Climate change

Johna Page-Bland and her twin sister Shawna


  • A trio of ladies ― Johna Page-Bland, her twin sister Shawna and their stepmother Vickie ― play significant roles in the operation of D & H Cattle Company.
  • Page-Bland admits acceptance of her in the male-dominated business was tough at first, but that’s largely changed in the last seven years.
  • The D & H Cattle Company continues to be a major player when it comes to supplying bulls for the PBR as well as its role in the breeding business.

In This Article

DICKSON, Okla. - The bucking bull industry is experiencing some real landscape changes as women are being acknowledged as key players in all facets of the industry. D&H Cattle Company's Johna Page-Bland is a true example of the talented women playing a part in this historically male-dominated business.

"Well, I've never actually thought about everything I do here," Page-Bland modestly says of the longstanding family ranch that's situated on the banks of the Washita River, just north of the small Oklahoma town of Dickson. "I've always just said I'm the secretary."

Seemingly satisfied with this unpretentious explanation, Bland reveals more after some immense prodding from this reporter. 

While Dillon and H.D. are the faces associated with the D & H brand, little may be known about the other women behind these men. Dillon's wife, Vickie, and his other daughter, Shawna (Johna's twin), are also instrumental in the day-to-day tasks and success of D & H.

"This industry has grown so much and I feel the women play an important role in the growth and the future of this business." 

But the real firecracker is Johna. She plays multiple roles and crosses the gender boundaries repeatedly in her daily tasks.

Initial inclusion in this male-dominated industry was not easy, she admits, but that's slowly changed throughout the years.

"I think the bucking bull industry is like any other industry when women and men co-mingle," Page-Bland says. "There are going to be some that don't appreciate what women can bring to the table and some that do. I can say from experience that since I've been a part of D & H I am taken much more seriously now than I was in 2005. I remember a gentleman who wouldn't even talk to me about the animal he had questions about. He said, 'Sweetheart, I think I should just talk to Dillon.'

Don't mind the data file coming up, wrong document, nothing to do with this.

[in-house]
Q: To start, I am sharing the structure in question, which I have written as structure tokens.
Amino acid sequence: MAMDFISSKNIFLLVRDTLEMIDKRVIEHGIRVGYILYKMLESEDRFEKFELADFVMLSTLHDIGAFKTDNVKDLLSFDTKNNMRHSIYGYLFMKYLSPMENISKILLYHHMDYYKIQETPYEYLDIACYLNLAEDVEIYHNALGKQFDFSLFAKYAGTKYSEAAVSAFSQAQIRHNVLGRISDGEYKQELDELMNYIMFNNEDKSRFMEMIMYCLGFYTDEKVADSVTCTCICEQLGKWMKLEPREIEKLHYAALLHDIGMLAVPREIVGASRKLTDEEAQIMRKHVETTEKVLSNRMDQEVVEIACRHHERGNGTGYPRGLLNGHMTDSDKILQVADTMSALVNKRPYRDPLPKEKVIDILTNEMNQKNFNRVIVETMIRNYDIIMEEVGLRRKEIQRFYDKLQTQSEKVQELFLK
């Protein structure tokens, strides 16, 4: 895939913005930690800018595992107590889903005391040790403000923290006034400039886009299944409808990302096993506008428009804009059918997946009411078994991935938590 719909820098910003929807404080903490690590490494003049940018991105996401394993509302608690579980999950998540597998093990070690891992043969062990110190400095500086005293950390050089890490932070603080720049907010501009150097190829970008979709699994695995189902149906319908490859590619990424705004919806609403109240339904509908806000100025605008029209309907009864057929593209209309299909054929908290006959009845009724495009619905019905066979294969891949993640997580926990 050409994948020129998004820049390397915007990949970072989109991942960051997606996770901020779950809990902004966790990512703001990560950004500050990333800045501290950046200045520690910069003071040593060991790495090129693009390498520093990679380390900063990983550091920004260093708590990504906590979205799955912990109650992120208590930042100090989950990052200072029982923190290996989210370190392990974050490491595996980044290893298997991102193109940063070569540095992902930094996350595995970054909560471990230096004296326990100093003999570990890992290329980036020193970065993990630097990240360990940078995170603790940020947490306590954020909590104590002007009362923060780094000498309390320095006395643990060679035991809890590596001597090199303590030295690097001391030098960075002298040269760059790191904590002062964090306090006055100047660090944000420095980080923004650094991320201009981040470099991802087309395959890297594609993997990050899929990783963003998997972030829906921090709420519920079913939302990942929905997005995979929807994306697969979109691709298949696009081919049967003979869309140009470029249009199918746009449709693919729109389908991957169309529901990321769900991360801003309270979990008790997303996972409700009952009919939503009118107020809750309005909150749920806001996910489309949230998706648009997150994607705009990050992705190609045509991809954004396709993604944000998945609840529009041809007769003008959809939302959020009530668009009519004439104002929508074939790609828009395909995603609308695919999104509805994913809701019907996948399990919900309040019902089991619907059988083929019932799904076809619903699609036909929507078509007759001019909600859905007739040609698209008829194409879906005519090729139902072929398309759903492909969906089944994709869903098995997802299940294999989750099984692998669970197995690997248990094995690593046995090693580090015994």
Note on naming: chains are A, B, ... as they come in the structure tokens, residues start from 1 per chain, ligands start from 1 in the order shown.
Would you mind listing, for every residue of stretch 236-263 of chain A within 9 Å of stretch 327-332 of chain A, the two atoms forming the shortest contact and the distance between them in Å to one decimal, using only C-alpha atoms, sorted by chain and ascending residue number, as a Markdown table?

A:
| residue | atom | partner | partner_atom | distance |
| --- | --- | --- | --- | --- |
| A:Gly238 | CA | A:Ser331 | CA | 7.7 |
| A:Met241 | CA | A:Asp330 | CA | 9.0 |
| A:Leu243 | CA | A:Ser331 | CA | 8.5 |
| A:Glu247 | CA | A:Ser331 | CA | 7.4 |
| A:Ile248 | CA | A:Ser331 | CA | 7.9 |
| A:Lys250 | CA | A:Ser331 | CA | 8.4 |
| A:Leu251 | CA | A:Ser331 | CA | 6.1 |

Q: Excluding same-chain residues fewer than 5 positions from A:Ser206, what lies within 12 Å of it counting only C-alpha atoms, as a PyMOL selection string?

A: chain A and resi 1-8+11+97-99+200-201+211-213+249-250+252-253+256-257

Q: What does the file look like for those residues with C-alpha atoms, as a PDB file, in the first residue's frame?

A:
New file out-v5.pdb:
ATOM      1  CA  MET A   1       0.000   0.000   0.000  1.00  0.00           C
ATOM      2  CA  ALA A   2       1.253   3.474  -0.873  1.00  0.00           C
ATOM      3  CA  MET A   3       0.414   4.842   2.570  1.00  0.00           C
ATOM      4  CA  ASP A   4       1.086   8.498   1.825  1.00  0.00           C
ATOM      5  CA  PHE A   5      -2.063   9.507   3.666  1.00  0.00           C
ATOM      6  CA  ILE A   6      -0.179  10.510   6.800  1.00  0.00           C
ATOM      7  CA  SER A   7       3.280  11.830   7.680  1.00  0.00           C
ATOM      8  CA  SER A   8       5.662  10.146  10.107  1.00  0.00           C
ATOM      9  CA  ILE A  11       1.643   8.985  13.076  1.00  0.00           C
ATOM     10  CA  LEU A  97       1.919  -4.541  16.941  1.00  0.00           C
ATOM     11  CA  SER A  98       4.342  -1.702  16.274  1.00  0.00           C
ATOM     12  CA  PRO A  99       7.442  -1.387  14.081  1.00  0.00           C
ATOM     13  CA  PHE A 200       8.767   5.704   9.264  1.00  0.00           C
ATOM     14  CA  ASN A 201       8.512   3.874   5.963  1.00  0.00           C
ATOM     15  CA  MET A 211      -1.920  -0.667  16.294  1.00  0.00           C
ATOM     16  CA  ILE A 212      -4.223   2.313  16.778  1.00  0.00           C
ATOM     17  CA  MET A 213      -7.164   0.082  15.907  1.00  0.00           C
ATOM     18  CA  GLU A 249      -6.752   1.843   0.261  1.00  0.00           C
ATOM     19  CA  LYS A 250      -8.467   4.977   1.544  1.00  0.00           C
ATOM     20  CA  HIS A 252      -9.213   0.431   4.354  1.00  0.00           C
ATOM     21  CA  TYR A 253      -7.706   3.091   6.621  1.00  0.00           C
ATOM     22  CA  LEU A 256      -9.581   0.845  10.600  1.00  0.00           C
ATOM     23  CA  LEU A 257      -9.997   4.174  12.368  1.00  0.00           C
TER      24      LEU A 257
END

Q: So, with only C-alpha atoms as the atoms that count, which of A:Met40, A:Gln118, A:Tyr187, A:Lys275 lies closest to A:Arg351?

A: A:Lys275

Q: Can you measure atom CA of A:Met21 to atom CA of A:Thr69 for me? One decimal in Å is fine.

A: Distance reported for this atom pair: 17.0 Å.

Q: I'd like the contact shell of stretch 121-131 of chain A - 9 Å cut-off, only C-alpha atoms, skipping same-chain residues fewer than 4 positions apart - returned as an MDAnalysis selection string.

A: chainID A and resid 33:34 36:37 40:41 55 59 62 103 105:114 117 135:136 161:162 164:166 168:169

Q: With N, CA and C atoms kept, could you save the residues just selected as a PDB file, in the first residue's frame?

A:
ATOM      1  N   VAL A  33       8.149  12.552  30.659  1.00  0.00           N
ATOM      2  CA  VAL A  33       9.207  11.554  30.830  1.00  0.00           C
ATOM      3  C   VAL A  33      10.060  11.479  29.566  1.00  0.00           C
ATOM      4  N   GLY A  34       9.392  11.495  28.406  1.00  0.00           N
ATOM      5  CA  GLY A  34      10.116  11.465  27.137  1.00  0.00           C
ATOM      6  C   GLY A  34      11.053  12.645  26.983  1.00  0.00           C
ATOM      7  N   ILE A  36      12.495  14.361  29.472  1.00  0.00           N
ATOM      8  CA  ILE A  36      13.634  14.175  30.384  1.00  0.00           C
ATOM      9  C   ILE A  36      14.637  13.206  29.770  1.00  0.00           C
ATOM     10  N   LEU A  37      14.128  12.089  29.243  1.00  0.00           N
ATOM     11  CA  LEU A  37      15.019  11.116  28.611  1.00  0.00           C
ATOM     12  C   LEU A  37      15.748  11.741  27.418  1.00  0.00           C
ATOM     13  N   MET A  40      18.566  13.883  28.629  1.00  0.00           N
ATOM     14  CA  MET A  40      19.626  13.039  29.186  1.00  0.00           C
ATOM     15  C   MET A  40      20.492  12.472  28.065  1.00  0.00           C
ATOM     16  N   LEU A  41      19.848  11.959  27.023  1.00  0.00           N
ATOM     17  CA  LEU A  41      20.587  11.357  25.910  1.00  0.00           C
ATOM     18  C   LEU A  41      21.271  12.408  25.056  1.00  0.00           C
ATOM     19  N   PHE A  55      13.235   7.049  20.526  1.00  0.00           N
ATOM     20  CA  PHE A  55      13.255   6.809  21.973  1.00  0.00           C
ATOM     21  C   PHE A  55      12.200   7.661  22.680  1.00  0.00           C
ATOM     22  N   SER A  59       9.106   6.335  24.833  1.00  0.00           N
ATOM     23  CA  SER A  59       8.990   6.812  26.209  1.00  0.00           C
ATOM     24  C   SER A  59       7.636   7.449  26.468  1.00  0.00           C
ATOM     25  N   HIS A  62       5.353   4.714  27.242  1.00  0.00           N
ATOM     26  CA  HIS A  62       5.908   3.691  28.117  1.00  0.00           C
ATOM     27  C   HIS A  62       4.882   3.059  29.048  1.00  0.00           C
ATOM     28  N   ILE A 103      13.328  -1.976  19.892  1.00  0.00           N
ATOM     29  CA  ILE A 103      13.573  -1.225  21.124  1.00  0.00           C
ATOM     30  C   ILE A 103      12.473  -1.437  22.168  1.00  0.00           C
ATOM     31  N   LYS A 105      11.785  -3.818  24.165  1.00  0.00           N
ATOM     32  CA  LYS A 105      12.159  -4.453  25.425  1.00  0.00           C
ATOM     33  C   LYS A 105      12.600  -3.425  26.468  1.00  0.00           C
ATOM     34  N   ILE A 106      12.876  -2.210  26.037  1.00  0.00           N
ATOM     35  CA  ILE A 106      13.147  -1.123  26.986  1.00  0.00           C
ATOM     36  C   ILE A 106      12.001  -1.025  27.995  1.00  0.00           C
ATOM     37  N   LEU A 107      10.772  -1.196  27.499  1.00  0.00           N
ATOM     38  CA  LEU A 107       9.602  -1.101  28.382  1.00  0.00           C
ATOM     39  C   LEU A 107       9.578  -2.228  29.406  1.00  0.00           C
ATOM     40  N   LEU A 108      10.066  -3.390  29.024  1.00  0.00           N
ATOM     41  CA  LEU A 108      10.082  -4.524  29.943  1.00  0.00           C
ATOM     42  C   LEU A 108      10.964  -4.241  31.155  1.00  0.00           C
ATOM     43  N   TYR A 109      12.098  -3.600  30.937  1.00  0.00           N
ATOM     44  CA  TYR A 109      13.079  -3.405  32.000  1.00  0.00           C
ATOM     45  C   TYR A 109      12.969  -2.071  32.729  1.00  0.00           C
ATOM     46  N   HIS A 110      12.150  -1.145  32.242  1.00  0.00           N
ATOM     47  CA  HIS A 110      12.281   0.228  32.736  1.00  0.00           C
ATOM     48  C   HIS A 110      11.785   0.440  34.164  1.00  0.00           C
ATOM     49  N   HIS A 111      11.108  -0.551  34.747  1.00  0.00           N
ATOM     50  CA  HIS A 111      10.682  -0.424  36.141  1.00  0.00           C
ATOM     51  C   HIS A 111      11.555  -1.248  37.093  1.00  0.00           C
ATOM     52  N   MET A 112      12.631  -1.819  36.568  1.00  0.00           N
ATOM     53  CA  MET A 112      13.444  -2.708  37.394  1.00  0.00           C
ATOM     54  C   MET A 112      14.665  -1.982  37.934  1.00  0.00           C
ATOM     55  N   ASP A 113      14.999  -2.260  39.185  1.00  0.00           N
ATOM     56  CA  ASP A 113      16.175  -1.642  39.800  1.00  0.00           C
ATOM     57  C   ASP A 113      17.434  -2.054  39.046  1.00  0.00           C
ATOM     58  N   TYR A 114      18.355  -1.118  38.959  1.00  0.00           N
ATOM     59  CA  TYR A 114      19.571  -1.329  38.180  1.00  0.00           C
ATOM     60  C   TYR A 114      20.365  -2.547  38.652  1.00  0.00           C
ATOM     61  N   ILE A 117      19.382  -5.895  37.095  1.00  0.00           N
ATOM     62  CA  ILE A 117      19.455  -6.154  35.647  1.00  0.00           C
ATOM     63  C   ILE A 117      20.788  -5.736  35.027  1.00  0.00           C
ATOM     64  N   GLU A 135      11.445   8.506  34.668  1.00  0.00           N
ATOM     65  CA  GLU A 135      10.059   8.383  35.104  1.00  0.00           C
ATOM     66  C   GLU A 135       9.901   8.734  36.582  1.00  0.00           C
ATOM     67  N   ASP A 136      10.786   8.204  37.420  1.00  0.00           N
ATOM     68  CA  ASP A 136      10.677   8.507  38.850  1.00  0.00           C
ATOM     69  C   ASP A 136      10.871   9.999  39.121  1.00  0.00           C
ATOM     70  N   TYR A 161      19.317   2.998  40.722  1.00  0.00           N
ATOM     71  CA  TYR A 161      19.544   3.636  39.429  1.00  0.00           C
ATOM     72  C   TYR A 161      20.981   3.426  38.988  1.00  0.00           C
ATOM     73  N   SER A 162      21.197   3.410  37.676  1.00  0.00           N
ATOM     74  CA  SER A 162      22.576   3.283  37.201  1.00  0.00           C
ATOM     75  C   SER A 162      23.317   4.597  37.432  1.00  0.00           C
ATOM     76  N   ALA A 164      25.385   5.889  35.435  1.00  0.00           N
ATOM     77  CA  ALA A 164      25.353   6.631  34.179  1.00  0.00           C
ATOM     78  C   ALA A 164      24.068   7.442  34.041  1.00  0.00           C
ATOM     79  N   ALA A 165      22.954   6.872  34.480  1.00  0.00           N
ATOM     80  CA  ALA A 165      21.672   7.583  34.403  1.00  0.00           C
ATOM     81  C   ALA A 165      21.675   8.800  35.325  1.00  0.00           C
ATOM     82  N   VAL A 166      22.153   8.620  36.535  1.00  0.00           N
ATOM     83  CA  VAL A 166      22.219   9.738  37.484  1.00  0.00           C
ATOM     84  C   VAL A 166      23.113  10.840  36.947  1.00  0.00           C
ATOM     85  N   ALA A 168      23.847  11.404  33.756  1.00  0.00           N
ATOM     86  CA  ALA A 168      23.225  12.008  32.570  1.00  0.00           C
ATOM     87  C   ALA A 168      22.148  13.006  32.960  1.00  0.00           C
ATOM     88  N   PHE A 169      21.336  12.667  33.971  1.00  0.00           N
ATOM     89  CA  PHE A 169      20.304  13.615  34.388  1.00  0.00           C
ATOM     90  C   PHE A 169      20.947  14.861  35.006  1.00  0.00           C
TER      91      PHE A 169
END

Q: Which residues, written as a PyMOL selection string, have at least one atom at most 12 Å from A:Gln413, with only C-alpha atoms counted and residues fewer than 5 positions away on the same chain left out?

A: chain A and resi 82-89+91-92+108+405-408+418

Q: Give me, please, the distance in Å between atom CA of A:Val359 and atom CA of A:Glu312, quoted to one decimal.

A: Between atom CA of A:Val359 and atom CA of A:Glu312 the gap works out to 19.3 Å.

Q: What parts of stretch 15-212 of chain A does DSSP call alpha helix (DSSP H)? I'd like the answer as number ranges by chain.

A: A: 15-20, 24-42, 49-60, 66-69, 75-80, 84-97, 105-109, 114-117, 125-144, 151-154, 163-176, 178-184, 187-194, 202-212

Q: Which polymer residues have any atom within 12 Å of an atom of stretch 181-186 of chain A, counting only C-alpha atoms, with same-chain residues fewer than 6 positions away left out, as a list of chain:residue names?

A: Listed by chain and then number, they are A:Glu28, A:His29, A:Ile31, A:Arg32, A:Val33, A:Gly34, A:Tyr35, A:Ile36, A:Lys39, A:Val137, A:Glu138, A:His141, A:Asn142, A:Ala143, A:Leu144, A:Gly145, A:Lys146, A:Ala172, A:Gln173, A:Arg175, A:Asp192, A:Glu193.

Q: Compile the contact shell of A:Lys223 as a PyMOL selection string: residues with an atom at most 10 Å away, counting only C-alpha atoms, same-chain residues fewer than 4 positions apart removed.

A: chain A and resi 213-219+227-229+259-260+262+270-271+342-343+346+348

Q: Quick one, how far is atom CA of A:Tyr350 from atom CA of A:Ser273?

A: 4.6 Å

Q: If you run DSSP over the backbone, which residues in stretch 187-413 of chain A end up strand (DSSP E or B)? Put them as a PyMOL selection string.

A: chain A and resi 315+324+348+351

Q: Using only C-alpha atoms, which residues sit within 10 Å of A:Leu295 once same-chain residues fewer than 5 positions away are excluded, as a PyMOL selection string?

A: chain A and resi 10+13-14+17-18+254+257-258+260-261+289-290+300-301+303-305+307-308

"I think most people assume women involved in the industry are just there to be buckle bunnies looking for a cowboy. The reality is that the women I know in this business are strong, hard-working hands who take a lot of pride in the animals. This industry has grown so much and I feel the women play an important role in the growth and the future of this business. Overall I think most men in our industry have become more open-minded when it comes to women being a part of their mostly male-dominated world. It doesn't take long to recognize if someone knows their stuff or is just there for the wrong reasons. Once that's established, I think the industry has no problem embracing women."

Page-Bland may have faced some challenges with acceptance early on, but today has come into her own as a credible source of the D & H franchise. In fact, if you called Dillon with intricate questions tomorrow he'll likely pass you on to Johna.

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